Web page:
Ray Maota Lwazi Gqira from Duncan Village in EastLondon is making waves in the world ofgolf after competing at the 2011 ToyaPolish Junior Championship in Poland. East London Port Manager JacquelineBrown, Gqira and Millie Zim of SAGDB,showing off the new kit.(Images: Transnet National Ports Authority)MEDIA CONTACTS• Terry TaylorTransnet National Ports Authority:Corporate Affairs manager+27 43 700 1200 / +27 83 284 1786RELATED ARTICLES• Sun City golf courses still top notch• SA to host world’s richest golf event• Ernie Els joins golfing legends• Hi-tech help for future sports stars South Africa’s Lwazi Gqira, 18, is swinging his way to golfing success after recently competing in the Toya Polish Junior Championship, which ran from 22 to 25 June 2011.To get there, the young sportsman from a poverty-stricken squatter camp in Duncan Village, East London, took his first flight in an airplane.“It was my first flight and I was nervous, but I really enjoyed watching TV in the sky,” he said.Once in Poland, another first for Gqira was being able to tee-off with a set of brand new clubs. Until now he has had to borrow second-hand equipment from his coach and teammates.As a member of the East London Golf Club, Gqira was selected by the Border Golf Union to represent their under-18 squad in Poland.He was joined by Armandt Scholtz and Kim Daniels, who also represented the Border Golf Union at the championships. All three belong to the South African Golf Development Board (SAGDB) programme.Gqira held a nine-iron for the first time when he was nine years old and now, almost a decade later, he has got the chance to play in a major junior championship with his peers from other countries.“The first time I started playing golf, I didn’t enjoy it,” Gqira said.“This was coupled by the fact that I was the only child in my neighbourhood who was playing golf while the other boys played soccer. I decided to play soccer as well, but then after two months I decided it was not for me and I picked up golf clubs again,” he added.The opportunity for Gqira to play overseas was made possible by Transnet National Ports Authority (TNPA), which invested R30 000 (US$4 366) in Gqira to enable him to get his first new golfing kit and clubs.Jacqueline Brown, East London Port Manager, said: “Despite the hardships he has experienced in living in an impoverished area, his determination and zeal to succeed has placed him right in front.“TNPA is proud to be able to play a part in Gqira’s journey towards his planned pro golfer status. We will support him all along the way in achieving both stardom in golf and in attaining top academic honours.”Gqira said he’d like to walk in the footsteps of some of South Africa’s golfing greats like Louis Oosthuizen and Charl Schwartzel.“I strive to be like my favourite pro golfers, Louis Oosthuizen and Charl Schwartzel,” said Gqira.Golfing rootsGqira started out as being a caddie for Richard Dikileyo, who later became his coach after seeing his potential and enthusiasm for the sport.“Richard taught us that we should not smoke, abuse alcohol or use drugs. He taught us that through golf, we can rise above our circumstances.” said Gqira.“Those words have stayed with me and motivated me. The SAGDB taught us the basics well and moulded us into the golfers we are now.”Gqira was also a member of the Ernie Els & Fancourt Foundation until he opted to leave as his school work was taking a knock.At the foundation he met his current coach Michelle de Vries, who works with Dikileyo to nurture golfing talent in East London.De Vries said: “Lwazi is a pleasure to coach. We call him pro because of his mannerisms and practice ethic.“He comes from a difficult background, but he has the will to overcome his obstacles and I will do anything to help him achieve his goals if he is willing to overcome adversity.”Gqira describes De Vries as being like a mother, while De Vries, who has no children, recognises him as a son.The Poland experienceGqira, who competed with more than 90 other players in his category, came 25th, which is quite an achievement for a first-timer playing in a major championship.“I was a bit nervous in the first round, but after that I said to myself I need to relax and play my game.”Gqira said Poland was a beautiful country with beautiful architecture and that he will cherish the memories of taking part in the tournament even though communication with the other golfers was hard due to language being a barrier.
11 December 2014A multimillion-rand manufacturing facility will be opened in Cape Town by SMA Solar Technology, a German manufacturer of solar inverters, on Friday, 12 December.The facility includes a production line and quality test centre for SMA’s Sunny Central inverters, warehousing, as well as the African branch of the SMA Solar Academy training centre.This is the third renewable energy manufacturing facility, supported by the Department of Trade and Industry (DTI), to open in the country in the past four months.The factory would contribute to the drive to expand the capabilities of the South African manufacturing industry and to increase the country’s industrial base, the DTI said.Green economyThe green economy has been identified as a key focus area of the Industrial Policy Action Plan, and provides significant opportunities for job creation and economic growth.Minister Rob Davies said that Trade and Investment South Africa (Tisa), a division of his department, had facilitated investments to the value of R3-billion in the manufacturing of equipment and components for the renewable energy industry since the 2013/2014 financial year.“Investment in the green economy therefore contributed significantly to Tisa’s 2013/14 investment pipeline of R60-billion. The current pipeline for the 2014/15 financial year is at R27-billion, with a significant contribution from the green economy [at R10-billion],” he said.Supply chainSMA said it had made the decision to invest in South Africa’s manufacturing capacity in response to the government’s Renewable Energy Independent Power Producers Programme (REIPPP), through which 1484 MW of solar photovoltaic projects have been procured.Thorsten Ronge, the managing director of SMA South Africa, said the group chose to set up its manufacturing base in Cape Town as it was close to the existing solar supply chain.The company has already supplied inverters to the recently completed 40MW Linde PV plant in Northern Cape province, as well as to the 75MW Kalkbult project, also in the Northern Cape.SAinfo reporter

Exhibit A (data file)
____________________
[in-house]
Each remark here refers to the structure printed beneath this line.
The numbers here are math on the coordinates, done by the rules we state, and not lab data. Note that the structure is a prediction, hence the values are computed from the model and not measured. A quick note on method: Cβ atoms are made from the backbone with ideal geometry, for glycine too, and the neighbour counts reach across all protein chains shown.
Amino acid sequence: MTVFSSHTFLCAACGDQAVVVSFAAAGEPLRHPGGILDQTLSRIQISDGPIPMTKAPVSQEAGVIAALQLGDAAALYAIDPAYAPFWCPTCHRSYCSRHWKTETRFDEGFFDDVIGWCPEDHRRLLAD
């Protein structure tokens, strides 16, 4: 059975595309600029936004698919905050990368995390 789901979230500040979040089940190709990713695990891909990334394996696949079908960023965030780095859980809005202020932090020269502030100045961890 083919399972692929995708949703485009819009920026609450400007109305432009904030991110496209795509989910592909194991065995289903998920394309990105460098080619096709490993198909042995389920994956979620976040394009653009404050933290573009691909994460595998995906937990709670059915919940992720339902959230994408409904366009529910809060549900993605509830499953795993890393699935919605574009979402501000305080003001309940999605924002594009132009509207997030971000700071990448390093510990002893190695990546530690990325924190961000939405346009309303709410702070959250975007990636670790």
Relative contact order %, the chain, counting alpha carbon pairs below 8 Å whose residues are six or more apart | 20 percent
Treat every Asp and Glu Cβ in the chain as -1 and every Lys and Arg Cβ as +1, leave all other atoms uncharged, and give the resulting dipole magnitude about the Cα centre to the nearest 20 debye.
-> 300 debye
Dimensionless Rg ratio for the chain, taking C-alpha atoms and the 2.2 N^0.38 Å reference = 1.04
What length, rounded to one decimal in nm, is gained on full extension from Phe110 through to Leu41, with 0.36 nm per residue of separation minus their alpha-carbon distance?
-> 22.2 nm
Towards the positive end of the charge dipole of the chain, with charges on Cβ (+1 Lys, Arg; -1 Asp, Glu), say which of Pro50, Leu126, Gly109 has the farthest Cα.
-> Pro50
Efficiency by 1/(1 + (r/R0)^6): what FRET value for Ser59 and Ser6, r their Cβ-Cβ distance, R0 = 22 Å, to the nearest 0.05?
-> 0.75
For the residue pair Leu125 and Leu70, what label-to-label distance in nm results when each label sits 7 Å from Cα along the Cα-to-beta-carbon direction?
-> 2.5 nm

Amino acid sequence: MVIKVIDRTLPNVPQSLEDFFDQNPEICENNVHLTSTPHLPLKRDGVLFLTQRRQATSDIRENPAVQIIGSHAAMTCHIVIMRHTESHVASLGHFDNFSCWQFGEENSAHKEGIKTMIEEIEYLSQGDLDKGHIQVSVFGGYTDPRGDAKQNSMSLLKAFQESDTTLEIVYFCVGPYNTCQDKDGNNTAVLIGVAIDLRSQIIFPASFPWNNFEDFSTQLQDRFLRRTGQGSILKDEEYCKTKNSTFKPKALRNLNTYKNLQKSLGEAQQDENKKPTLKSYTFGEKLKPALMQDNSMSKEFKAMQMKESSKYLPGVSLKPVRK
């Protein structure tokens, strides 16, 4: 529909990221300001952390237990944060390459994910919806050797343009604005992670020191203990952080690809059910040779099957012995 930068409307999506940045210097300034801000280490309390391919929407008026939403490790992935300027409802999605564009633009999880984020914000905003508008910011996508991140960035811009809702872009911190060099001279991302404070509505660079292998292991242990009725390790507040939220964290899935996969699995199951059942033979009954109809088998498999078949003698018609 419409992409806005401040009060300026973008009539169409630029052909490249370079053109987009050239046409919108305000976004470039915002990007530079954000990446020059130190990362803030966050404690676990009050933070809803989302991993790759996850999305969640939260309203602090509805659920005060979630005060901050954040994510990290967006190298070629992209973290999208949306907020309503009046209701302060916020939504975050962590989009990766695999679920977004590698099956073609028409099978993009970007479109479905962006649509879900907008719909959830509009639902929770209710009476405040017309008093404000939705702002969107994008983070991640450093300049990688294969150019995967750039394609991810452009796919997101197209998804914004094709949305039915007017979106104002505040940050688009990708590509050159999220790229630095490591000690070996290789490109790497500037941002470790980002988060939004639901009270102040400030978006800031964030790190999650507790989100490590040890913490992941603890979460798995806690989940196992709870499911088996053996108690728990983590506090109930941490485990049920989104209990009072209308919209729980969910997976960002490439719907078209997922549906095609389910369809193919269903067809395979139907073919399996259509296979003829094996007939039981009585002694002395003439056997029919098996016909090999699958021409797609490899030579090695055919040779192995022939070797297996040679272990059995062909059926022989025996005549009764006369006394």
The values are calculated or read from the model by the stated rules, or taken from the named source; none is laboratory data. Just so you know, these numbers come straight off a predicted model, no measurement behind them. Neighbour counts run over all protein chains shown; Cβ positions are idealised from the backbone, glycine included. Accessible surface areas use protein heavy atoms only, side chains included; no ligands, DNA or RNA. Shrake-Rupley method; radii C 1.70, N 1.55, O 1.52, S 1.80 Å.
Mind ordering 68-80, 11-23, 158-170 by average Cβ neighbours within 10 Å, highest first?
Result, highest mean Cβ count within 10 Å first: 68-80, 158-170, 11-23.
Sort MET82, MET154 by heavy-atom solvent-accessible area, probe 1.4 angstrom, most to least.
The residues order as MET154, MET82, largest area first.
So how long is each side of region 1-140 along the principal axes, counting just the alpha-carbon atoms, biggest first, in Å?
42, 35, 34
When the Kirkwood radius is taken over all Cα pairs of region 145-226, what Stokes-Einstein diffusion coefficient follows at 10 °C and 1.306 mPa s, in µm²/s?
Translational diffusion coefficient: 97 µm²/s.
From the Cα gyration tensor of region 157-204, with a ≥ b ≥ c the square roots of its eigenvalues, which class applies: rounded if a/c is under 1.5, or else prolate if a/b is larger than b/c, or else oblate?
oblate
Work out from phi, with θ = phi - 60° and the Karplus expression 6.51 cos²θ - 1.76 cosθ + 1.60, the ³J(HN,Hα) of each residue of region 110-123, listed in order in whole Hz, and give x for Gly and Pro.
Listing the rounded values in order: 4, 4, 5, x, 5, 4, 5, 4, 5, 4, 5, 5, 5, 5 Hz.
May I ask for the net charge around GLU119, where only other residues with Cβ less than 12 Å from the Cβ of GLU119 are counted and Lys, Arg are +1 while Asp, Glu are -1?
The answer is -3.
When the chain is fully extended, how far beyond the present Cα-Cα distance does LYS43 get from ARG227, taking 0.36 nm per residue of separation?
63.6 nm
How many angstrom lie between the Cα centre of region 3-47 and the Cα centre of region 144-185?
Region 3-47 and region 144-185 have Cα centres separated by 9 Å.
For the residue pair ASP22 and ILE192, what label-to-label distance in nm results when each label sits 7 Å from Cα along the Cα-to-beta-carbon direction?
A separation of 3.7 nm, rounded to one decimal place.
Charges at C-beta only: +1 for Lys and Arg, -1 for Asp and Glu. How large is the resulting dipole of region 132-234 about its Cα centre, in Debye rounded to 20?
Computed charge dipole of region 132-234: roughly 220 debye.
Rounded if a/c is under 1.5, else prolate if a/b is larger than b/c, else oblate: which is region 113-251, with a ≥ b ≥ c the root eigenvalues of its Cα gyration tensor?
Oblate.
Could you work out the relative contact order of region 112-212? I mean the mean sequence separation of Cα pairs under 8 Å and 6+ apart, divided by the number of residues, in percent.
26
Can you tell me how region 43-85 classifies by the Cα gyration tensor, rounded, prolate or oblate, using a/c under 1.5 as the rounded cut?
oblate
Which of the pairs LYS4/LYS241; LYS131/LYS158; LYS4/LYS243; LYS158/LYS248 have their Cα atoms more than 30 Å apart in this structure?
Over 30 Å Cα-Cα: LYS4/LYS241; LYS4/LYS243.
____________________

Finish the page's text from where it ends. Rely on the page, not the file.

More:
By Carol ChurchReservists in the military play an extremely important role, but it can sometimes be more difficult to find information about the benefits and special programs that are especially for them. Reservists definitely deserve to be fully informed about these measures.One such benefit is a special tax deduction available to all members of a reserve component of the Armed Forces of the United States. This deduction is designed to help reserve members offset the sometimes-significant costs that come along with travel associated with reserve membership, including mileage, food, lodging, and more.Army Reserve photo by Master Sgt. Michel SauretThis reservist travel expense deduction is what is called a “top line” deduction, meaning that there are no hurdles to clear—it can be taken even by those who do not itemize deductions, and costs do not have to add up to a certain amount in order to be deducted. (Normally, business expenses have to add up to more than 2% of AGI in order to be deductible, a bar that is hard to clear for many.) Instead, the costs are an adjustment to income—they actually reduce a reservist’s adjusted gross income on his or her taxes.What Are the Rules?First of all, in order for travel expenses be deductible, they must have been incurred on a trip that was solely taken to perform service-related duties. The reservist also needs to have traveled more than 100 miles away from his or her home. And as is probably obvious, the reservist cannot deduct expenses for which he or she has already been reimbursed by the military.Expenses that can be deducted include all work-related travel and lodging, as well as 50% of the costs of travel-related food. This would include hotel stays, transportation (so, plane, train, and bus tickets, car rentals, etc.), mileage on a personal vehicle (at the standard federal mileage rate), tolls, and parking fees. Keep in mind that you cannot deduct the full cost of the Hotel Grand Ritz here—you are limited to deducting the federal government per diem rate for lodging in the area.It’s important to keep records just in case you get audited, so retain receipts of expenses. For meals, it is easier and acceptable to use 50% of the per diem rate, which can be found here.The mileage deduction is the one that is likely to be most valuable to be many reservists. For instance, a reservist who drives 120 miles each way to drill 10 times per year could claim an adjustment to income of $1296, which is significant.Altogether, this little-used deduction can save reservists some real money. It is even possible to amend past years’ tax returns if this deduction was owed to a reservist but not taken.For help with this often-overlooked deduction, visit the links below. It may be particularly useful to speak with the experts at MilTax.References:Internal Revenue Service. (2016). Publication 3 (2016), Armed Forces’ Tax Guide. Retrieved from https://www.irs.gov/publications/p3#en_US_2016_publink100049678Lear, J. (n.d.) The secret National Guard and Reserve tax break you might not know. Retrieved from http://www.military.com/money/personal-finance/taxes/secret-national-guard-and-reserve-tax-break-you-might-not-know.htmlSteber, M. (n.d.) Tax considerations for reservists. Retrieved from http://www.military.com/money/personal-finance/taxes/tax-considerations-for-reservists.html